Disney World ride tested for effectiveness
For most of us, when we ride a roller coaster, we may sense a dropping feeling in our stomachs or a skip in our heartbeats -- or we might even let out a burst of laughter.
Some might feel as if they got kicked in the gut or a sense of urgency to visit the restroom.
These are all common symptoms that can come with passing kidney stones, and get this: a new study found that these effects roller coasters can have on the body just might help people pass a stubborn stone.
More specifically, researchers found that moderate-intensity, rattling roller coasters might prove to be effective at dislodging small kidney stones in the outer ducts of the kidney and pushing them toward the ureter, which is the tube that connects the kidneys and the bladder.
In the report, published in The Journal of the American Osteopathic Association, researchers suggest that riding a roller coaster may help patients who have kidney stones that are 5 millimeters in diameter or smaller. David Wartinger, a professor emeritus at Michigan State University, told The New York Times in 2016, "The idea is to displace these little stones before they become big stones and cause a lot of pain and suffering."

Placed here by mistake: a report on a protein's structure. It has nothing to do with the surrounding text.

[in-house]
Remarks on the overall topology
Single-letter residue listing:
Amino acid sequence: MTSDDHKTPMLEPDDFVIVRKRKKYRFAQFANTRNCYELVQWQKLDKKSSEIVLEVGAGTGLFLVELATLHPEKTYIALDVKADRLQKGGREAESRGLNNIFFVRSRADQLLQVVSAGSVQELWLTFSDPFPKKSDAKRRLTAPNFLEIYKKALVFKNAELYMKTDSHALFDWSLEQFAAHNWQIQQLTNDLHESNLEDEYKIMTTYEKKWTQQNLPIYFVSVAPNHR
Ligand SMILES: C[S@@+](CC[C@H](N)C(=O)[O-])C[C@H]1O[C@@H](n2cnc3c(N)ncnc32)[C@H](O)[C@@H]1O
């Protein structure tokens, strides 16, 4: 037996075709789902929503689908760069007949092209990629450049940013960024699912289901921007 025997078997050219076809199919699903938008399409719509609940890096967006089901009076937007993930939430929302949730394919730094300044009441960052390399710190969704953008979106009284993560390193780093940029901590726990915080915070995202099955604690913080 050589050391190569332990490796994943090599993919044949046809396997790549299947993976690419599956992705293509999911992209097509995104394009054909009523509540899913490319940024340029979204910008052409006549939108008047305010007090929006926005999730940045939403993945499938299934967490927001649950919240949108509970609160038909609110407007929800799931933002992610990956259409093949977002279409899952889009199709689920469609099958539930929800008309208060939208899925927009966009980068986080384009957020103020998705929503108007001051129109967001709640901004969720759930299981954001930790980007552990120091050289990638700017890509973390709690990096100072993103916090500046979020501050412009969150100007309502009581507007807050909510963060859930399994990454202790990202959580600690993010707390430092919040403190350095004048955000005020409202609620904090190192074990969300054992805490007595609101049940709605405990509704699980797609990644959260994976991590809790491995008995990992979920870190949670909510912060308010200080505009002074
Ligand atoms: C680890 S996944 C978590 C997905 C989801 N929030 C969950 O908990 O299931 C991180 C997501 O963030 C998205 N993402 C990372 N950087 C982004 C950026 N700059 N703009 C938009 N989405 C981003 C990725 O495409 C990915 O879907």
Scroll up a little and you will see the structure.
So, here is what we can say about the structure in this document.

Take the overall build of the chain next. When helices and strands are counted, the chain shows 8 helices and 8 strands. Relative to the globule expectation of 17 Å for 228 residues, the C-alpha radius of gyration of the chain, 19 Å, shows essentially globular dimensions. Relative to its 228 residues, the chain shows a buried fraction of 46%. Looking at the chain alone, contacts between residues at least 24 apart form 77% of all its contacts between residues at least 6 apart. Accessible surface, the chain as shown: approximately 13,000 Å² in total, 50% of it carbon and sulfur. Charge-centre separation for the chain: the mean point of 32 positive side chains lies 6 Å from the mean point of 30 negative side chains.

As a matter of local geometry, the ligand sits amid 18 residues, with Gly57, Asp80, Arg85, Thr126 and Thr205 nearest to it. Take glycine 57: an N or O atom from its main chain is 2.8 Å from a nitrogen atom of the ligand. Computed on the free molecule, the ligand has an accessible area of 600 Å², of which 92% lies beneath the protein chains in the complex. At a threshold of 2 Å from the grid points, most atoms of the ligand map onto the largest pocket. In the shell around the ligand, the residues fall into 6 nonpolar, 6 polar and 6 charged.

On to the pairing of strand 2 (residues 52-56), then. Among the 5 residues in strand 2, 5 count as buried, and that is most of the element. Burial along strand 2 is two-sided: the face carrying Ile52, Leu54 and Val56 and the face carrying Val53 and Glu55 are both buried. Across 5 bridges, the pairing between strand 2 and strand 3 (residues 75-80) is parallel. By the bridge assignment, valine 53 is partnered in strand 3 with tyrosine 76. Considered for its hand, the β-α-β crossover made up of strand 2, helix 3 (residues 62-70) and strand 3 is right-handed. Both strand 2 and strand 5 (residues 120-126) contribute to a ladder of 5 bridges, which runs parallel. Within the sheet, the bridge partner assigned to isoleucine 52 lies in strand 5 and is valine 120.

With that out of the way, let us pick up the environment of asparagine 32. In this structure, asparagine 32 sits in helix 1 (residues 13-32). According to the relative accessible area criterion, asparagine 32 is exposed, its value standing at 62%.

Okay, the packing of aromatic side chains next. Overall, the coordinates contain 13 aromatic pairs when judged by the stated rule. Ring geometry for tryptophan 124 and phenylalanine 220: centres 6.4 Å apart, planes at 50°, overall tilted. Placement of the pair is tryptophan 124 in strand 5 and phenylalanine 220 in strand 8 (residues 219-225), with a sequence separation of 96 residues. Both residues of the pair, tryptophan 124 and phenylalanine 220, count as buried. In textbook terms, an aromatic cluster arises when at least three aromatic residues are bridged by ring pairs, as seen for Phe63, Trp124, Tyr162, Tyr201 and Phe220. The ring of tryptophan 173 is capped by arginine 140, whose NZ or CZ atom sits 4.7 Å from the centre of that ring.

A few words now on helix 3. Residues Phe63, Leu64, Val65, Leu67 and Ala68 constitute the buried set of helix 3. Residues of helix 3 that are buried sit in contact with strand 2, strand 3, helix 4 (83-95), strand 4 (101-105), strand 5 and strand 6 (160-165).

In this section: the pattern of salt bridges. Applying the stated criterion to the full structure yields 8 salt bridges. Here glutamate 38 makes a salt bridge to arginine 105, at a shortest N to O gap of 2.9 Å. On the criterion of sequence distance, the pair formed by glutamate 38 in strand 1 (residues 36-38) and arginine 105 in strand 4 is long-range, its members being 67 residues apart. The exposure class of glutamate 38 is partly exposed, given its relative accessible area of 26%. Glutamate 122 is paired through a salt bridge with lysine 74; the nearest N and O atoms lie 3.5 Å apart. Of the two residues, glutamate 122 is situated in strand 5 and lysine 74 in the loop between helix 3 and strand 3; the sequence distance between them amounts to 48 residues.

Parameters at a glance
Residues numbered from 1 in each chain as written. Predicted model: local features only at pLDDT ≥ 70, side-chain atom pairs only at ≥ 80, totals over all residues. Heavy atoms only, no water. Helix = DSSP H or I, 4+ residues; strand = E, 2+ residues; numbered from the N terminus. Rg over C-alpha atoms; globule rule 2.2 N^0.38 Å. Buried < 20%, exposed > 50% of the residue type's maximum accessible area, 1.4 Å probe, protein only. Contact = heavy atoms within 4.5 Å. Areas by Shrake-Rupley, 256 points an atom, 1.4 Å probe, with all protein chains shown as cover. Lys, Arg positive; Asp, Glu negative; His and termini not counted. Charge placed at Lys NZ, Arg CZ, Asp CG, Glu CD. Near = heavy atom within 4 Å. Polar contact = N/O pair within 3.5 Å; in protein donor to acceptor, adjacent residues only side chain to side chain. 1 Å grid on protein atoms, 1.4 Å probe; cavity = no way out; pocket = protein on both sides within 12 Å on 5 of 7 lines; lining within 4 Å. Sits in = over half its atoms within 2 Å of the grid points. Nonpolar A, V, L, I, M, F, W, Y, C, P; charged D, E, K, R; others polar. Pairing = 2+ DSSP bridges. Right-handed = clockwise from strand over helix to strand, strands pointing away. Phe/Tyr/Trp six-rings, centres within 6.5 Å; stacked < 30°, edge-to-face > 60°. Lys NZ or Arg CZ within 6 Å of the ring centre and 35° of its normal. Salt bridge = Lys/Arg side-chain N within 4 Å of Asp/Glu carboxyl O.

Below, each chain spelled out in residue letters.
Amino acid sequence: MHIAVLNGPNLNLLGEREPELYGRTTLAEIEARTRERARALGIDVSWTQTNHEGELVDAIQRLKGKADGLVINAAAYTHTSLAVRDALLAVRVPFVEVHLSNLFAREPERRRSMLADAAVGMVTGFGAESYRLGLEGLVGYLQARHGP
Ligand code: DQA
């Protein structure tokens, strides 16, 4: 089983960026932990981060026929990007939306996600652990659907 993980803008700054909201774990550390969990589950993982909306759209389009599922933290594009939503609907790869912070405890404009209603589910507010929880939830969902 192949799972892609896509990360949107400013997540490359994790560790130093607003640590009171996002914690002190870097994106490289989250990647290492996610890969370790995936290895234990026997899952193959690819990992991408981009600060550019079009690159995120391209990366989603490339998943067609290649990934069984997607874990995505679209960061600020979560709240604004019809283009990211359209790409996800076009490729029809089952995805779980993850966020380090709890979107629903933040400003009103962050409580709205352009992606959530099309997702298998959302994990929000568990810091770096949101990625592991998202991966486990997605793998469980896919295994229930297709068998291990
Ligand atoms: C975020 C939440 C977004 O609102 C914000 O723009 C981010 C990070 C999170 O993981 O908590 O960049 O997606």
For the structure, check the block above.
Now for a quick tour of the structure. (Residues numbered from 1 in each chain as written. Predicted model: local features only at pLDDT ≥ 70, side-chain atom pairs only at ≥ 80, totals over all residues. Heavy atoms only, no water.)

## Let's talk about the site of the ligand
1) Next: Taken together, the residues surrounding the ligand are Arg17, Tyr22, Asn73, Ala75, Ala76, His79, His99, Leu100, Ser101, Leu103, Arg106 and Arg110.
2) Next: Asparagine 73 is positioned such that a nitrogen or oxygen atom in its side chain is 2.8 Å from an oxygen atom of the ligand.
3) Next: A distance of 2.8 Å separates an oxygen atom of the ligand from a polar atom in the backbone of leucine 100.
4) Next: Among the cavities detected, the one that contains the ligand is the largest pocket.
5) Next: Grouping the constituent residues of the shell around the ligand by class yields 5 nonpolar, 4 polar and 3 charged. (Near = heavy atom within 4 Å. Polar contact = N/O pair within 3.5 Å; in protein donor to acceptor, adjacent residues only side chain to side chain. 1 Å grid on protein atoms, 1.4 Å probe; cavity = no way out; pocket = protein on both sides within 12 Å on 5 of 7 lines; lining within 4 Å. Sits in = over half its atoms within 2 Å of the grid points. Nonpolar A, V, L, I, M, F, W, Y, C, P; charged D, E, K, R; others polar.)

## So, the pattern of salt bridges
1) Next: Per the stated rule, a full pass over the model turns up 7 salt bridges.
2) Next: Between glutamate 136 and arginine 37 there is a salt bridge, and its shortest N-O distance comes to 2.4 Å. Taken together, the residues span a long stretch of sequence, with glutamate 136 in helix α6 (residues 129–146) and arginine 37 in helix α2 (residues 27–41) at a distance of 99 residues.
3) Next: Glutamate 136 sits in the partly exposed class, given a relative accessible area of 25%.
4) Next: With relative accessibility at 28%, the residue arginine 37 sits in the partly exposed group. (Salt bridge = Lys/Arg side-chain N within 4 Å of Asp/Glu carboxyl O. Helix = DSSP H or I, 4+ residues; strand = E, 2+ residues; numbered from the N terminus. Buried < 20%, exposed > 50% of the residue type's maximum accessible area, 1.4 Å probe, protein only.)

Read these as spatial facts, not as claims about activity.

So what it sounds like is, riding coasters can be good for you.
Wartinger was inspired to conduct the study after seeing several people who successfully passed their kidney stones after going on a ride at a theme park. One in particular passed kidney stones after riding Big Thunder Mountain at Walt Disney World in Florida three consecutive times.
Wartinger teamed up with a urologist to create a 3D-printed silicone model of a patient's kidney. The two filled their silicone kidney with kidney stones and urine and headed to Disney World.
The two boarded the ride, holding their model kidney at the right height and began riding the coaster. The doctors rode the coaster 20 times. During each ride, they were often able to see the stones move toward the top of the ureter.
Wondering where to sit to get the best results for dislodging those pesky pebbles?
The two found that there was a higher success rate when they were sitting in the back of the coaster compared to the front.
Just to be clear, James Borin, a urologist and assistant professor at New York University, told The Times, "This study is really designed for people who have very small stones."
Medical professionals recommend that you discuss this idea with your own doctor first before hopping aboard a runaway train, hoping for the best cure. If approved, who knows? You may be able to get rid of one of those pesky stones while also having fun.